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Ten ways to stay healthier this winter

December 11, 2018

Wondering how to avoid sore throats, cold, flu and that sluggish feeling you get from being indoors too long? Marcin Jungiewicz, D.O., a family medicine physician at NCH, calls out some basics that just may boost your health this season.

#1: Get a checkup

Don’t wait until you’re sick to see a primary care physician. I think the annual checkup is important for everybody, regardless of age. We take our cars in for routine maintenance so that we can detect any problems. In the same way, we can identify things in an annual checkup like wheezing, abnormal heart rhythm, anemia, high sodium levels and low vitamin D levels, the latter of which is a common deficiency in this geographic area. Occasionally, we’ll do a urinalysis if patients are symptomatic and we can diagnose prediabetes or diabetes with a wellness exam.

#2: Avoid sugar

Sugar affects the immune system. If you cannot process sugar efficiently or effectively, it leads to prediabetes and spirals off to become diabetes. It is by definition a compromised state, so that makes you prone to developing infections. We see candida and other infections in diabetics.

#3: Exercise

People should exercise minimally 30 minutes at least three to five days per week because it has far-reaching health benefits. In winter it applies even more because people frequently complain of fatigue during the cold months. Since exercise is a natural energy boost and it elevates the mood, stay mobile no matter what your activity level is.

#4: Quit smoking

Smoking is bad for you no matter the circumstances, and second-hand smoke contributes to lung cancers down the road. Children of parents who smoke, even if they smoke outside, have higher incidences of upper respiratory infections and asthma. People do go through several attempts to quit and relapses are common, but patients shouldn’t be discouraged. Keep trying to quit because it’s one of the single, most effective ways of extending your life.

#5: Check vitamin D levels

There have been studies that show taking a regular multivitamin is not necessarily going to translate into major health benefits. Foods are usually fortified with the vitamins we need, including some with vitamin D. However, in our geographical area, we don’t have enough exposure to ultraviolet rays so we frequently develop vitamin D deficiencies.

Vitamin D is important for your metabolism. It elevates your mood and immune system. Get your vitamin D level checked. If the level is low enough, you can take 50,000 units once a week for three months, then get rechecked and stay on a maintenance dose.

#6: Get a flu shot

We follow the CDC guidelines pertaining to flu shots, based on science. The CDC recommends everyone – from the age of 6 months and up – get a flu shot. Almost everybody should get one, except patients with a severe allergy to the components of the vaccine, which is extremely uncommon. The majority of patients should be vaccinated. Remember, you’re not only protecting yourself, you’re protecting everyone else.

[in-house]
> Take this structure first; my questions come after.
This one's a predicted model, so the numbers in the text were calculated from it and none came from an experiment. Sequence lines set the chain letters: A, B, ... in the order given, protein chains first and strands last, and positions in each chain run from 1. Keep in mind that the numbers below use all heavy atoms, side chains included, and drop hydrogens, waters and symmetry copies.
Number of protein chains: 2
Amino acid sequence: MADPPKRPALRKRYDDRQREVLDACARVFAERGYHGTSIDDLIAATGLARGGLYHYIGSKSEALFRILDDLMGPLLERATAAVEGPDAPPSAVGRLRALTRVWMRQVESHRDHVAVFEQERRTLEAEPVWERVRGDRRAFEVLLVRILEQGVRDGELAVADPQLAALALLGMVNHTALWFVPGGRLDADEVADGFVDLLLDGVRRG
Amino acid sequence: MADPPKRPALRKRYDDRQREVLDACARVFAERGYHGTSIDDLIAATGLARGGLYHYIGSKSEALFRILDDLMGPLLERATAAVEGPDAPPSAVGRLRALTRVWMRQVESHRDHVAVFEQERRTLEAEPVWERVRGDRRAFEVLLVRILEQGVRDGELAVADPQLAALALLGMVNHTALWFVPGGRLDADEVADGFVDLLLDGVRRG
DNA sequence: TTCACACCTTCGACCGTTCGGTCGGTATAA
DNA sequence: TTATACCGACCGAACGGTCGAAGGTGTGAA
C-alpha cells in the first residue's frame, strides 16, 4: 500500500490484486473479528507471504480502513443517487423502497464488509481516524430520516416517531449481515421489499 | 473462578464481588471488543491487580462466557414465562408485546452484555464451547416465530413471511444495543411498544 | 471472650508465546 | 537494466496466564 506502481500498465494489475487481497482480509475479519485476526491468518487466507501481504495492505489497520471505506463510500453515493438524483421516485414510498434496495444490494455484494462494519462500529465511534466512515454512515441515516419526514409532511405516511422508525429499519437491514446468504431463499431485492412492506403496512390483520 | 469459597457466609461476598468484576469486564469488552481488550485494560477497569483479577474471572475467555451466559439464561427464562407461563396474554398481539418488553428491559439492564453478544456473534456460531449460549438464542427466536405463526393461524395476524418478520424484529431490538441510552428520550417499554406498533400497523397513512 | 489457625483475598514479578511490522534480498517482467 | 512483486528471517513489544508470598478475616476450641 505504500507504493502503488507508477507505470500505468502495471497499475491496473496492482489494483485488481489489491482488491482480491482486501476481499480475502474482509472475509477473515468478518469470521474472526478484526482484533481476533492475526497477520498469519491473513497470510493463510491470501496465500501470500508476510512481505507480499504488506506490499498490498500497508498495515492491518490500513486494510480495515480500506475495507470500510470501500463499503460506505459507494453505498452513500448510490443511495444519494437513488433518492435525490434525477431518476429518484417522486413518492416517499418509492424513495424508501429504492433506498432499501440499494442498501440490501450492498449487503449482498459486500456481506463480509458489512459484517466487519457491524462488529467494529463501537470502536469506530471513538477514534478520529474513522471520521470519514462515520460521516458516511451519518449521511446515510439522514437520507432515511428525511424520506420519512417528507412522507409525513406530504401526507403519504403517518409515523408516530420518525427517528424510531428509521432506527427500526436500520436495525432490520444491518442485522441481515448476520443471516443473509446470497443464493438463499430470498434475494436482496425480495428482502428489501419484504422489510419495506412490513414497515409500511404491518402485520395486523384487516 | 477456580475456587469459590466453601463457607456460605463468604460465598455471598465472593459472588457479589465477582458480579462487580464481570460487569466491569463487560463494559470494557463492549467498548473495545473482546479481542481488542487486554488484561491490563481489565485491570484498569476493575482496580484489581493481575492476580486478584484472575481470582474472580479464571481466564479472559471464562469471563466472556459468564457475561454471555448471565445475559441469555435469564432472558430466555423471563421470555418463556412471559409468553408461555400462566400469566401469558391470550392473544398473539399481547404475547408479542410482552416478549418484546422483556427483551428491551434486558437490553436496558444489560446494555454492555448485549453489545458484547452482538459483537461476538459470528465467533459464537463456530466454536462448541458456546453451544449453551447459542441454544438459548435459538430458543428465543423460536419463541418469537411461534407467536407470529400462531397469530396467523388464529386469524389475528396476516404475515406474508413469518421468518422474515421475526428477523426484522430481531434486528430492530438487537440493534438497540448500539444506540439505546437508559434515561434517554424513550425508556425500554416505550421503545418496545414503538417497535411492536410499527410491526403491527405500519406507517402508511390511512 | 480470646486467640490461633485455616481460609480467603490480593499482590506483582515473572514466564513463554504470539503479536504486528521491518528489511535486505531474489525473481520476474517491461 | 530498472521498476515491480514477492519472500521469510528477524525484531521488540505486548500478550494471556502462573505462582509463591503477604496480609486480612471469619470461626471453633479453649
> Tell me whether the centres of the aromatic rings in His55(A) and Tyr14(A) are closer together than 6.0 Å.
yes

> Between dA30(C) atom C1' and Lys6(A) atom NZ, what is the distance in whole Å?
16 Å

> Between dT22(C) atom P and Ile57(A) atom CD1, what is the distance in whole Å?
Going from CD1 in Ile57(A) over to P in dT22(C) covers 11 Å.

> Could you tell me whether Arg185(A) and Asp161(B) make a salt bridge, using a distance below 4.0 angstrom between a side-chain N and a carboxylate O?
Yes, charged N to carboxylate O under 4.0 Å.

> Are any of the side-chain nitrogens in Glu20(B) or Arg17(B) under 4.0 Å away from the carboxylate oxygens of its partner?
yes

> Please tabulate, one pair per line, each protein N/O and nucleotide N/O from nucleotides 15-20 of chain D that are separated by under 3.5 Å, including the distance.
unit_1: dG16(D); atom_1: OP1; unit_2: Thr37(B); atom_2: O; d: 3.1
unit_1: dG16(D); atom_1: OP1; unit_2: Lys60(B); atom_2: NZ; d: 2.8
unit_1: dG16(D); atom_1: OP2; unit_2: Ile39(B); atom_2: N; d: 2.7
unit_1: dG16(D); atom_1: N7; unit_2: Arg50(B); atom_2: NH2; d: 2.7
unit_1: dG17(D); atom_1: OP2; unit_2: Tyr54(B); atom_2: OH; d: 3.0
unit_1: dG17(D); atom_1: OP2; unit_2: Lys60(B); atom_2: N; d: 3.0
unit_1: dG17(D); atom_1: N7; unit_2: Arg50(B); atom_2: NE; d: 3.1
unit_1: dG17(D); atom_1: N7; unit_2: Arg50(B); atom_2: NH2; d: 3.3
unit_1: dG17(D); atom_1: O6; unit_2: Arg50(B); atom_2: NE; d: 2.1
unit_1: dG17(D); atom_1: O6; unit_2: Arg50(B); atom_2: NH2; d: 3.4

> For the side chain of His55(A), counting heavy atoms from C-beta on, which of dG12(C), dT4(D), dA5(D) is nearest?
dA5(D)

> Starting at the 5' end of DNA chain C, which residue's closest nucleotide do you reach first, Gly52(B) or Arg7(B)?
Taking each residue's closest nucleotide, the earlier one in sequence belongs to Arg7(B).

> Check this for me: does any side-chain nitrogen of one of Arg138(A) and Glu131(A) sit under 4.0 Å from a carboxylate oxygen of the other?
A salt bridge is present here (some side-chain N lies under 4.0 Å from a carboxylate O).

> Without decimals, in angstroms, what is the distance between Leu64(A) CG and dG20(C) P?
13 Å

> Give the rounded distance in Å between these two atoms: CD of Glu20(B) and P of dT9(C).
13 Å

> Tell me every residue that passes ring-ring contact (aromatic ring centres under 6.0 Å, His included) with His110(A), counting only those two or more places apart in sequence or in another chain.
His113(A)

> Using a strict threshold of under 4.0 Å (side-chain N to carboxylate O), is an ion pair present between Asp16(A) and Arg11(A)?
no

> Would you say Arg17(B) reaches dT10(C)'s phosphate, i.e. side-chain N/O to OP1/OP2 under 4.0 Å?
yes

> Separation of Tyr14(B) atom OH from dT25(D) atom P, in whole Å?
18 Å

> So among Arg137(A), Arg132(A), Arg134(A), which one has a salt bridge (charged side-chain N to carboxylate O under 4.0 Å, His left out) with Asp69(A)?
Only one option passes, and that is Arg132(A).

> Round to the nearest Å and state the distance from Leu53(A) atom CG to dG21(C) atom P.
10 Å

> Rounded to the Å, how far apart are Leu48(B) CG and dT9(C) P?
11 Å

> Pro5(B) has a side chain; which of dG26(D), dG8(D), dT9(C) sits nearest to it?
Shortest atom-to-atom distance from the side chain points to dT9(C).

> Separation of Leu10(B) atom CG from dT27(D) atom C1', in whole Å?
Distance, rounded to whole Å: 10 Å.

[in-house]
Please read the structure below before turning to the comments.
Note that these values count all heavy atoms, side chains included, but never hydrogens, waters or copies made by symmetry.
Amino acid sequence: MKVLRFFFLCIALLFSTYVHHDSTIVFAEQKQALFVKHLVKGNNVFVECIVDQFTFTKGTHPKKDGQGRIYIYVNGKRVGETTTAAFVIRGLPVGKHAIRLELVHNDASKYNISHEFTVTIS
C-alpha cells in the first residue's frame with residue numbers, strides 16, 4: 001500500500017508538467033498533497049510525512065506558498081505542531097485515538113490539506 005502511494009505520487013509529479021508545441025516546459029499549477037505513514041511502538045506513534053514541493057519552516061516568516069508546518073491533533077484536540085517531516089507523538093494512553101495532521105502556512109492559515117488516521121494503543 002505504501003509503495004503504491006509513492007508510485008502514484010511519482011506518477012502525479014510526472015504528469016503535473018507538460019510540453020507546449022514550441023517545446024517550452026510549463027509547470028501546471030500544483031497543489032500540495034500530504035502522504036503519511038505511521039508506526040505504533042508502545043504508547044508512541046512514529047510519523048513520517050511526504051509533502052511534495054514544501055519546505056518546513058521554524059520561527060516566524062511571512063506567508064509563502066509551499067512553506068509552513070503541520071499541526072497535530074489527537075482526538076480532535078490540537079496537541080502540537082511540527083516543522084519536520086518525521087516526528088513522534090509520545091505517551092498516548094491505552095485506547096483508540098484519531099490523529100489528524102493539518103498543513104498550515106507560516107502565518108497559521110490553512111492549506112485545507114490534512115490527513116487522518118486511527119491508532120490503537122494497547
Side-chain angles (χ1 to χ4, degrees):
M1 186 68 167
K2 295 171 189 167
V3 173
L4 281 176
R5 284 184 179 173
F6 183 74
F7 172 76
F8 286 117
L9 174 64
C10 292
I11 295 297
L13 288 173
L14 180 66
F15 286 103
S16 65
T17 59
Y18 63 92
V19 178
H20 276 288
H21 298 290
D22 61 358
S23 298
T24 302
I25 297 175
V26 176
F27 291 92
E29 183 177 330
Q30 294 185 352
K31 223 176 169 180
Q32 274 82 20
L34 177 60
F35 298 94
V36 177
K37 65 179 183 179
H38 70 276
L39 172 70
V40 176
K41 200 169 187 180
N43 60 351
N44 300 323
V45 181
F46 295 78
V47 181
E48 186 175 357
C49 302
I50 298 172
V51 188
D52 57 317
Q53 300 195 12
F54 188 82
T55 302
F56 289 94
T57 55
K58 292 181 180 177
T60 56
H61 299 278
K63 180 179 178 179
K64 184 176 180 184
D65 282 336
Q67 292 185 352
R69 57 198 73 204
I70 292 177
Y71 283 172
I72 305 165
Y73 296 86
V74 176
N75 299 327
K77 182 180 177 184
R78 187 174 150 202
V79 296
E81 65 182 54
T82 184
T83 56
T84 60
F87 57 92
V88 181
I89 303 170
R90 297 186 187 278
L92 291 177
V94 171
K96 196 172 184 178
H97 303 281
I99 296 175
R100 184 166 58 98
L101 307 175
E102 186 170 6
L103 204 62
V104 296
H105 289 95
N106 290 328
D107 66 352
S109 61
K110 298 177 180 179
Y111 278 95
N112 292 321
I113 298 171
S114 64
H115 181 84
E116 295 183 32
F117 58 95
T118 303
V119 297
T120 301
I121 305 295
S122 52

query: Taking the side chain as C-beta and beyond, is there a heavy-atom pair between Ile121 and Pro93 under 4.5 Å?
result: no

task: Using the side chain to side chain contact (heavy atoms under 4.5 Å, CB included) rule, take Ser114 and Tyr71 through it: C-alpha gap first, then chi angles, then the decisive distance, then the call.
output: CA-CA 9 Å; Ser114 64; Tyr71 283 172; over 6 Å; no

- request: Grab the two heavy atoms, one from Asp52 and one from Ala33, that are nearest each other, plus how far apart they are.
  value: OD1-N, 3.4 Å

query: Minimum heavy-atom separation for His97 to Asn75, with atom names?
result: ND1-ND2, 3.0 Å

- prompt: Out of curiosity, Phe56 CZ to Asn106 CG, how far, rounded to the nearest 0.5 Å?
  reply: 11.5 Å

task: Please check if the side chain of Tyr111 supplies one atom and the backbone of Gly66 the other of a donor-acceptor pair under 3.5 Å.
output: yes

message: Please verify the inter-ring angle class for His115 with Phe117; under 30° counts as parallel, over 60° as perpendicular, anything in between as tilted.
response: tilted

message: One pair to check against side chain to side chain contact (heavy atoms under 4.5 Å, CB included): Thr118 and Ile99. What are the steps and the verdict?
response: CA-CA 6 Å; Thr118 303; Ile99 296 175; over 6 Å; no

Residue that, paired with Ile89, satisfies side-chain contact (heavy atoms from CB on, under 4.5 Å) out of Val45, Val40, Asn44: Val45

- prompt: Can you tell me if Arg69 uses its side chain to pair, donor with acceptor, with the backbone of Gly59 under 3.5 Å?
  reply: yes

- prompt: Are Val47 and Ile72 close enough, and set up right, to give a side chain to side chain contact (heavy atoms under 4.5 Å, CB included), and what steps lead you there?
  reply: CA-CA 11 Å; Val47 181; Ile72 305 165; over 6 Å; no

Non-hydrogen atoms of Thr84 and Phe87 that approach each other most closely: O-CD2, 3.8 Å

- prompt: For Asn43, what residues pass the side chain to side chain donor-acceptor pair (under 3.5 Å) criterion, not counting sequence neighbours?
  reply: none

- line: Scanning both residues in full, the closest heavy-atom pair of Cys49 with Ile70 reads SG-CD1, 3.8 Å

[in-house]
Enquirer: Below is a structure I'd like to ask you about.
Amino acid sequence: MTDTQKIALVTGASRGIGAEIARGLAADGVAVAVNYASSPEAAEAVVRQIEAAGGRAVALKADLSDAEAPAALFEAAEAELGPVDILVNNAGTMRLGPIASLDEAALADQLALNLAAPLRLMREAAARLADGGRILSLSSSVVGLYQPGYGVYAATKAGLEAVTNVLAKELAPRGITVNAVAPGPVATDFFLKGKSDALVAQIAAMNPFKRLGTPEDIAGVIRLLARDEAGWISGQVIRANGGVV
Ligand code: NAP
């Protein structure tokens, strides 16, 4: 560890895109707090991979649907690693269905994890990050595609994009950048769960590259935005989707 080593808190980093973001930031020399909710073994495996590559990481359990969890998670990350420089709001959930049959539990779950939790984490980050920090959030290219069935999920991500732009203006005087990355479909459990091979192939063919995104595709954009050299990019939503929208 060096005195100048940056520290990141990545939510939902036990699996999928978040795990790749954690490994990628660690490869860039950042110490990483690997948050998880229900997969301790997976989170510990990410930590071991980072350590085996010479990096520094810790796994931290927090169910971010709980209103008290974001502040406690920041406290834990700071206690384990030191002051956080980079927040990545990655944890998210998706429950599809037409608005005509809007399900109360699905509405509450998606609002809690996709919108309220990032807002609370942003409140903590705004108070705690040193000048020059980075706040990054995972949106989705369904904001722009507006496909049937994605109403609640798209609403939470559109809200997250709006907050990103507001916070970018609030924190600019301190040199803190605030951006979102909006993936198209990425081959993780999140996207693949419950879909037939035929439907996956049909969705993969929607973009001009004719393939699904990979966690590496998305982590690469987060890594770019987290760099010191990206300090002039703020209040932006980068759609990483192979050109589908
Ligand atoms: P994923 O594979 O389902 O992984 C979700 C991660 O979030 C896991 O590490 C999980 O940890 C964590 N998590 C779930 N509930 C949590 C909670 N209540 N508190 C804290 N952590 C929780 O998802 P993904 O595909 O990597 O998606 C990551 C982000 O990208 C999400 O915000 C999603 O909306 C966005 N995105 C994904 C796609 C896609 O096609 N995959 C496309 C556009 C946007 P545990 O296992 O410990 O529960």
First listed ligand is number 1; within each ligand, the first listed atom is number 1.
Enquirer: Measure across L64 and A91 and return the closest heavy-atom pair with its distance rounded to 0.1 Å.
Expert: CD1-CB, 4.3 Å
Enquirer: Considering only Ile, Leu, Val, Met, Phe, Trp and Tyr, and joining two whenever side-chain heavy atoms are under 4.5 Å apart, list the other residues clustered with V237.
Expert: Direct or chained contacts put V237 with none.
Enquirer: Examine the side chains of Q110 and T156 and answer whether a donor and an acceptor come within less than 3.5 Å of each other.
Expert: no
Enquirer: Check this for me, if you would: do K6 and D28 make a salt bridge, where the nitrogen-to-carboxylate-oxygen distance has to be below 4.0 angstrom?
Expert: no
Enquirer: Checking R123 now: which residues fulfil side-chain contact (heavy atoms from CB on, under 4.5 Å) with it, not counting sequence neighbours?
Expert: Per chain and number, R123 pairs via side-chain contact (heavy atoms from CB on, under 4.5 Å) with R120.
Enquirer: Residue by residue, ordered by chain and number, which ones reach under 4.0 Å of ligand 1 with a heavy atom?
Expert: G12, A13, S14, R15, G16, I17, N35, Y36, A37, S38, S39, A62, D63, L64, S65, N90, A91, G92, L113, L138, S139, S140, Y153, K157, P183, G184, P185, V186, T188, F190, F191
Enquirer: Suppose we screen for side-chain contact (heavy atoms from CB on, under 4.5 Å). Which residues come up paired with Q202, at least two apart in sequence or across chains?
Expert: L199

NCH offers flu shots at all locations, including the hospital, immediate care centers and Medical Group offices.

#7: Wash your hands

Handwashing is one of the simplest ways of preventing the spread of disease. You should wash your hands frequently, especially if you have contact with a person who is infected. If your hands are visibly soiled, we don’t recommend hand sanitizer. Use warm water and soap. They should be washed for about two minutes; imagine yourself singing the “Happy Birthday” song.

Hand sanitizer is a good short cut, but not all germs are killed.

#8: Stay hydrated

Hydration is very important. The human body is composed mainly of water, and we need it for metabolism and normal functions of the body. A lack of water can cause you to become dehydrated and fatigued, and your skin may lose its normal appearance. Typically, a healthy average person should drink between six to eight glasses of water every day. Certain patients, like those with congestive heart failure or peripheral edema, should follow the guidelines from their cardiologist.

#9: Get enough sleep

There are different sleep guidelines for different age brackets. Preschoolers ages 3 to 5 should sleep between 10 to 13 hours; 6- to 13-year-olds should sleep 9 to 11 hours; 14- to 17-year-olds should sleep 8 to 10 hours; and adults 18 and older should get 7 to 9 hours. Eight hours is a safe bet for adults. Getting less sleep may compromise your immune system. It affects the way you respond to external stimuli, process information and respond when driving.

#10: Eat a healthy diet

We eat too much processed foods and meats, so I recommend focusing on fruits and vegetables. They contain vitamins and fiber, which are lacking in a lot of people’s diet. I would focus on seven or eight servings or a combination of both per day. You can mix them up in any way, shape or form.

Need a family medicine physician? Dr. Jungiewicz practices at the NCH Medical Group, 5999 New Wilke Road in Rolling Meadows. Schedule an appointment by calling 847-255-7107.